"That's what people had chosen to do against Osi and he has to understand that he now has a target on his chest. His play last year was reflective of the team's overall play, and I think the Giants challenge in their defensive line room is that everybody has to stop trying to become Michael Strahan and start becoming who they are and become the best players they can be."

Lombardi said not to read anything into co-owner John Mara saying "we better be" recently when asked if the 2010 Giants would be better than 2009s 8-8 version.

"That comment is not different than any other team in the NFL. There's expectations, specifically in New York. The Giants are never about a rebuilding process, they're about a reloading process," Lombardi said.

"For them not to make the playoffs is disappointing, so obviously the bitter taste in his mouth is reflective upon that last year. I'm sure he expects to get there, and I'm sure Tom Coughlin and Jerry Reese understand the expectations of the ownership."

Lombardi also had praise for Reese, and he made an interesting observation about the Giants knowing exactly what they are as an organization.

"I think what Jerry's done is tremendous in terms of following the formula that George Young laid and Ernie Accorsi kept moving forward. That's the Giants," Lombardi said. "You have to understand that the Giants are about an organization, they're not about an individual and I think that whoever runs the Giants will always adhere to the foundation that's been laid.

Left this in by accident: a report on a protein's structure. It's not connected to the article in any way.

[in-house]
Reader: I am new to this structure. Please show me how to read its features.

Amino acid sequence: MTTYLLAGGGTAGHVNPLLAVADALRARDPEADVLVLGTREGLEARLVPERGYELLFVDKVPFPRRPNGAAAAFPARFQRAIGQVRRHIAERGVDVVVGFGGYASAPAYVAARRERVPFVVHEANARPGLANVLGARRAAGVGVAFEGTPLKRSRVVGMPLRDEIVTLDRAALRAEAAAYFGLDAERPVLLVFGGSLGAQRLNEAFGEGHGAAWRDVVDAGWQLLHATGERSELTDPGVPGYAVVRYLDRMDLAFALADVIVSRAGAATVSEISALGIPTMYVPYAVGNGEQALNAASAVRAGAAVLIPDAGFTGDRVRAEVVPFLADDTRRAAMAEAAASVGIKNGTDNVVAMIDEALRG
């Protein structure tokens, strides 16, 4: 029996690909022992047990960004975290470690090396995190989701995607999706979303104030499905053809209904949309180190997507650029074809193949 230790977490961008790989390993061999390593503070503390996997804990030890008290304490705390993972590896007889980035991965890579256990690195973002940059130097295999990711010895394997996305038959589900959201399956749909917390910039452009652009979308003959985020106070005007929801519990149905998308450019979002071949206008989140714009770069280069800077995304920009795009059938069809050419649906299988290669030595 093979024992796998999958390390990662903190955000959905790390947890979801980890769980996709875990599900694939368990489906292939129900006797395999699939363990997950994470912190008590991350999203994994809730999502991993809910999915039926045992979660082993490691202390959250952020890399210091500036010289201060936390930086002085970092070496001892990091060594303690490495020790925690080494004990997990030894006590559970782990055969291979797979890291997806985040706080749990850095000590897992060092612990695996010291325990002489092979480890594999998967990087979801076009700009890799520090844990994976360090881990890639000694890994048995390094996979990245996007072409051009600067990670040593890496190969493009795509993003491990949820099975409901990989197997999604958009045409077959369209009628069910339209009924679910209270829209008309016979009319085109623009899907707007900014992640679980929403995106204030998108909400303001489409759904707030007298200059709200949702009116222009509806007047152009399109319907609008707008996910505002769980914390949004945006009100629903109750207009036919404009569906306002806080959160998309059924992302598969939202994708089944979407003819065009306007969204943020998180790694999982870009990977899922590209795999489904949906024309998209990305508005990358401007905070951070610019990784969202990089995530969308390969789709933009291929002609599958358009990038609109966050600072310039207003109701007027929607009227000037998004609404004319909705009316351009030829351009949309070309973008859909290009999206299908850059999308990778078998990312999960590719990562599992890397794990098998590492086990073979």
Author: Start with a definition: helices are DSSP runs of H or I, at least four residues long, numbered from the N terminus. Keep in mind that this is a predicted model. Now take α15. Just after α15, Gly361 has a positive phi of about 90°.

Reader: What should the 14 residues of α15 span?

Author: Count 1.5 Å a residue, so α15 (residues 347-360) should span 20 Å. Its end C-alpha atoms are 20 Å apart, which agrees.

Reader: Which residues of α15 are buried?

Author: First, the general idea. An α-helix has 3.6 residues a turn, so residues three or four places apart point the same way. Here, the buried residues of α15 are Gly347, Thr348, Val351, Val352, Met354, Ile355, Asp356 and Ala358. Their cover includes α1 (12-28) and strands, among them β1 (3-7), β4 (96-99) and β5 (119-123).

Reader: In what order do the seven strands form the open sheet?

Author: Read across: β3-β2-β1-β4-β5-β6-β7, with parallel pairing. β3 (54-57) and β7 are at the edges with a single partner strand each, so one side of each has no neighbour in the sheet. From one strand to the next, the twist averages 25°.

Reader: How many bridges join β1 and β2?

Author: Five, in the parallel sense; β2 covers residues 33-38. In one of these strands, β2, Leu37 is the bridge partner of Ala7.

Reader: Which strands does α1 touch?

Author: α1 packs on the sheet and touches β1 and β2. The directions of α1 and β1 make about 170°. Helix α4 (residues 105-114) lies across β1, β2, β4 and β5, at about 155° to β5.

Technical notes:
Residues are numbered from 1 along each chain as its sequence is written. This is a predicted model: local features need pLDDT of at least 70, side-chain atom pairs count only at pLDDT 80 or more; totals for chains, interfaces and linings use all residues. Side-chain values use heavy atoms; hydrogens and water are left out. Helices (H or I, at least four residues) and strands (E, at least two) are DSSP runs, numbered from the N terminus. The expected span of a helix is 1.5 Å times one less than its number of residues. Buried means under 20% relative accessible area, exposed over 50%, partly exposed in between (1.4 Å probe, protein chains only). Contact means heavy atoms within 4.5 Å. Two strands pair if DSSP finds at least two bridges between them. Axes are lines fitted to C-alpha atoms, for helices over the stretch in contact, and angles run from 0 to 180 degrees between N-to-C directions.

"Obviously every year is a different year. You're a great evaluator when you win, you're a bad evaluator when you lose. I think consistency with the Giants has always been what is most important, and I think he's been very consistent."

Finally, I had to ask Lombardi for his assessment of the NFC East. Here are his thoughts.

  • Redskins: "Have done a really nice job of closing the gap, but if the Giants defensive line dominates they should dominate the Redskins because that offensive line is the weakest part of their team."
  • Eagles: "I don't think the Eagles will be as easy a target as people might suspect because they lost McNabb. They're a very good football team who is gonna be good with Kevin Kolb at quarterback."
  • Cowboys: "Right now would appear to be the front-runners, but anything can happen."

"It's a really competitive four teams," Lombardi said. "The Giants if their defensive line is healthy and comes back and plays are as good as any team in there."

In the end, Lombardi said he believes the 2010 Giants will be a playoff team.

"I believe the offense and defensive lines redeem and I think the Giants have veterans in their lines and I think they'll play better," he said.